Adults use time to mark and measure time, but for children the task is not as easy. Little evidence exists indicating that calander activities which mark extended periods of time (a month, a week) are meaningful for children below first grade (Friedman, 2000). Before children can make use of a calendar, they need to be able to understand that time is sequential (first comes Sunday, then Monday, and so on).

There are many relevant resources that exist in your child's world that can help them understand the sequence of a week. You can use picture books, songs, and even photographs to help your child understand how to mark and measure time in their own world.

Some books that discuss the concept of a week include:

The Very Hungry Caterpillar by Eric Carle: A hungry caterpillar eats various foods on each day of the week before turning into a beautiful butterfly.

Hannah and the Seven Dresses by Marthe Jocelyn: A little girl wears a different dress each day of the week until her birthday comes and she can't decide which of the 7 to choose.

Cookie's Week by Cindy Ward and Tomie de Paola: A mischievious cat gets into trouble each day of the week.

Big Week for Little Mouse by Eugenie and Kim Fernandes: A little mouse spends a week getting ready for a special event.

Today is Monday by Eric Carle: Different animals eat their way through the days of the week.

The song Everybody Happy by Sharon Lois and Bram is another great resource to use when teaching your little one about a week.

Everybody Happy:

Today is Monday, Today is Monday
Monday the washing’
Everybody happy? But I should say:

Today is Tuesday, Today is Tuesday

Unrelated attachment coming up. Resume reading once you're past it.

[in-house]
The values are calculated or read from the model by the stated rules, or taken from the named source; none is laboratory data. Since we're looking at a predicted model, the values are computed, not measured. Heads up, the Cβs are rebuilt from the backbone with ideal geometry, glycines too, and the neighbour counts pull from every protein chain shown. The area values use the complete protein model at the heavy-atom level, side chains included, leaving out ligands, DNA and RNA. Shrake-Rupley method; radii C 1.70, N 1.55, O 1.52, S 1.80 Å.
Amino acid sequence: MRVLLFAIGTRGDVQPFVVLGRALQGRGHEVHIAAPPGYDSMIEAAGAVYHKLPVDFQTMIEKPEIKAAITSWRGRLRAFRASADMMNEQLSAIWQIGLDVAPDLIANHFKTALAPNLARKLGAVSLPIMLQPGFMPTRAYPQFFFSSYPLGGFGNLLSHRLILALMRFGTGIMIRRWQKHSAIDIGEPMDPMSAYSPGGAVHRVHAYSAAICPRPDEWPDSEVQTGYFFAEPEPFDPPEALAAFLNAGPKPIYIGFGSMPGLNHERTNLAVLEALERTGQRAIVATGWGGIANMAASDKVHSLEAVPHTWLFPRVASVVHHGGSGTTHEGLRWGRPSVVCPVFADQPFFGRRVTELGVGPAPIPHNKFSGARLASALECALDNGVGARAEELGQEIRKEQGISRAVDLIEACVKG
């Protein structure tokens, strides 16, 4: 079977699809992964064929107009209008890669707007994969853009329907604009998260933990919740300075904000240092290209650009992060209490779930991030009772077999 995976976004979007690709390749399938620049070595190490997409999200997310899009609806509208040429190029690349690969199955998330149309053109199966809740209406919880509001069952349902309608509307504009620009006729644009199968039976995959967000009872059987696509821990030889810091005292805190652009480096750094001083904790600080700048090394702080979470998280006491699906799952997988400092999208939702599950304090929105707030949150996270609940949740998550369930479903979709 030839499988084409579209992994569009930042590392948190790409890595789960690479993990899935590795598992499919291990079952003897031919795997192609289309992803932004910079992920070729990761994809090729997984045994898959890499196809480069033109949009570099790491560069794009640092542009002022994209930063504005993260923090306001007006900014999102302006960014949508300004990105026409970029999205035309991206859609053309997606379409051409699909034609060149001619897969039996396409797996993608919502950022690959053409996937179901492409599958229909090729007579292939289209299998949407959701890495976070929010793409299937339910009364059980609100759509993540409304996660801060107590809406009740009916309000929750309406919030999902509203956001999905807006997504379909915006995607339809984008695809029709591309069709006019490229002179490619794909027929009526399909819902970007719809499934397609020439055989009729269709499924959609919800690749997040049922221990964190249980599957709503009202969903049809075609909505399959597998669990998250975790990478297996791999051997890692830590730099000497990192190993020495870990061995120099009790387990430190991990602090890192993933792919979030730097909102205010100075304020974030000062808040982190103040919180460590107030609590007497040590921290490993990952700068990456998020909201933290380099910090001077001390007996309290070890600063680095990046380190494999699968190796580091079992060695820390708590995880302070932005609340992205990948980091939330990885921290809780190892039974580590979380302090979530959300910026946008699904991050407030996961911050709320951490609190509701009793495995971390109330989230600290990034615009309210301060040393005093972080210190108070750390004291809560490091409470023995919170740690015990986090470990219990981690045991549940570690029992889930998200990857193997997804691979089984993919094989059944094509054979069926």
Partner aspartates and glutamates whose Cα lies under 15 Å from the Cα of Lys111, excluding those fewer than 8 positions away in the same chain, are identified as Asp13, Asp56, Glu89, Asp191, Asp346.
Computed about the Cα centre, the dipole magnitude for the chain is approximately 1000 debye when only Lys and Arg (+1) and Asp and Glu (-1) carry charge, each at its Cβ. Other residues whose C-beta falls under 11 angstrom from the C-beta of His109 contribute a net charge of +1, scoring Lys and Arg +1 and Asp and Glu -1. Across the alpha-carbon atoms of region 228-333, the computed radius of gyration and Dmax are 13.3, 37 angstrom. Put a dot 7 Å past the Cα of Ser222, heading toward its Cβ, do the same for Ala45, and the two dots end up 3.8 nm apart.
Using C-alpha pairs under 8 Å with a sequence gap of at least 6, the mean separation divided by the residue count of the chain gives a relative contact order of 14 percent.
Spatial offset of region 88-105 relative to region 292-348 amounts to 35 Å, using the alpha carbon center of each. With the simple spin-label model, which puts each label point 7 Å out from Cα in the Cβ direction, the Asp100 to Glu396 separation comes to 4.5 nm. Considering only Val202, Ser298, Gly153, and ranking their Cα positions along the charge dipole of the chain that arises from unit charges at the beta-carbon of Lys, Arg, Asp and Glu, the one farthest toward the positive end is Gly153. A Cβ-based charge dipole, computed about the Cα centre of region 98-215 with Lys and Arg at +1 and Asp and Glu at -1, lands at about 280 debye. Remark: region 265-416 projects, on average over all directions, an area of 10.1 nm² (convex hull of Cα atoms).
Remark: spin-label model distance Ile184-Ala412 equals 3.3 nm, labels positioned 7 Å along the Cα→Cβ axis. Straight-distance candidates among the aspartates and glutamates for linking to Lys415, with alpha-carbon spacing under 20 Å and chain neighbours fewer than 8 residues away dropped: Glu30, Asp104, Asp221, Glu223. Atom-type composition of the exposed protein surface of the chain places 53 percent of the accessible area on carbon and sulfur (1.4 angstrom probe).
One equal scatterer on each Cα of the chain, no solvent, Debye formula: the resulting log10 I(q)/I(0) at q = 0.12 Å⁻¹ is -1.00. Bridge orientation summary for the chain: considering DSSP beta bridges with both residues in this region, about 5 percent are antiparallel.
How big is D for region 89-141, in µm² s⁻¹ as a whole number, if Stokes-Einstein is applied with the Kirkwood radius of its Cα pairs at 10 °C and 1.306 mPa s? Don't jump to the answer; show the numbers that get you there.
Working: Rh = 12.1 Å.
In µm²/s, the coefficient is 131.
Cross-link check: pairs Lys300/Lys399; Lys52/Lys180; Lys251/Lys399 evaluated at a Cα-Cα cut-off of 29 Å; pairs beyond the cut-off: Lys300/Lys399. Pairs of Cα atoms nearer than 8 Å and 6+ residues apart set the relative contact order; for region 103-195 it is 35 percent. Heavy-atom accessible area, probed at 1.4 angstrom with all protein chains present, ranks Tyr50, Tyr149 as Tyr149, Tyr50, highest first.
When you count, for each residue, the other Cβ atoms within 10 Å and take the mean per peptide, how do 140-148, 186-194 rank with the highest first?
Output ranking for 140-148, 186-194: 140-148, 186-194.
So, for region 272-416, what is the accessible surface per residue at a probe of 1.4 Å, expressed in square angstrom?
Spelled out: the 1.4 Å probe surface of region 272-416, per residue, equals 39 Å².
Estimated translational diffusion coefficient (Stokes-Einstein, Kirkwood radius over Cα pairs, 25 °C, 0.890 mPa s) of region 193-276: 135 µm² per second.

Tuesday the ironing’
Monday the washing’
Everybody happy? But I should say:

Today is Wednesday, Today is Wednesday
Wednesday the gardening’
Tuesday the ironing’
Monday the washing’
Everybody happy? But I should say:

Today is Thursday, Today is Thursday
Thursday soup
Wednesday the gardening’
Tuesday the ironing’
Monday the washing’
Everybody happy? But I should say:

Today is Friday, Today is Friday
Friday Pay Day!
Thursday soup
Wednesday the gardening’
Tuesday the ironing’
Monday the washing’
Everybody happy? But I should say:

Today is Saturday, Today is Saturday
Saturday is shopping!
Friday Pay Day!
Thursday soup
Wednesday the gardening’
Tuesday the ironing’
Monday the washing’
Everybody happy? But I should say:

Today is Sunday, Today is Sunday
Sunday - Resting!
Saturday is shopping!’
Friday Pay Day!
Thursday soup
Wednesday the gardening’
Tuesday the ironing’
Monday the washing’
Everybody happy? But I should say:
Everybody happy? But I should say!

You can also create a large calander for your child using pictures of them doing activities on each day of the week. For example, on Monday, it could be a rainy day (like lately!), Tuesday is baking cookies, and so on.

Can you think of any books, songs, or activities that help children learn the days of the week?

Friday, April 22, 2011

Tips for Struggling Readers

If your child has difficulty sequencing syllables and recognizing sound units within words, try this ... 

Write your child’s first and last name on a piece of paper. Use a red marker to write the vowels. Glue a pom-pom under each syllable. Have your child say their name, and touch the pompom as they say each syllable.

If your child has difficulty using vowels and consonants to make words, try this ... 

Use a set of magnetic letters and an aluminum cookie sheet. Have your child manipulate the letters to form a word. If you don’t have magnetic letters, use index cards for the activity. Have your child make as many words as possible in 1 minute, using just the letters n, f, d, s, and a.  

If your child has difficulty hearing vowel sounds, try this ...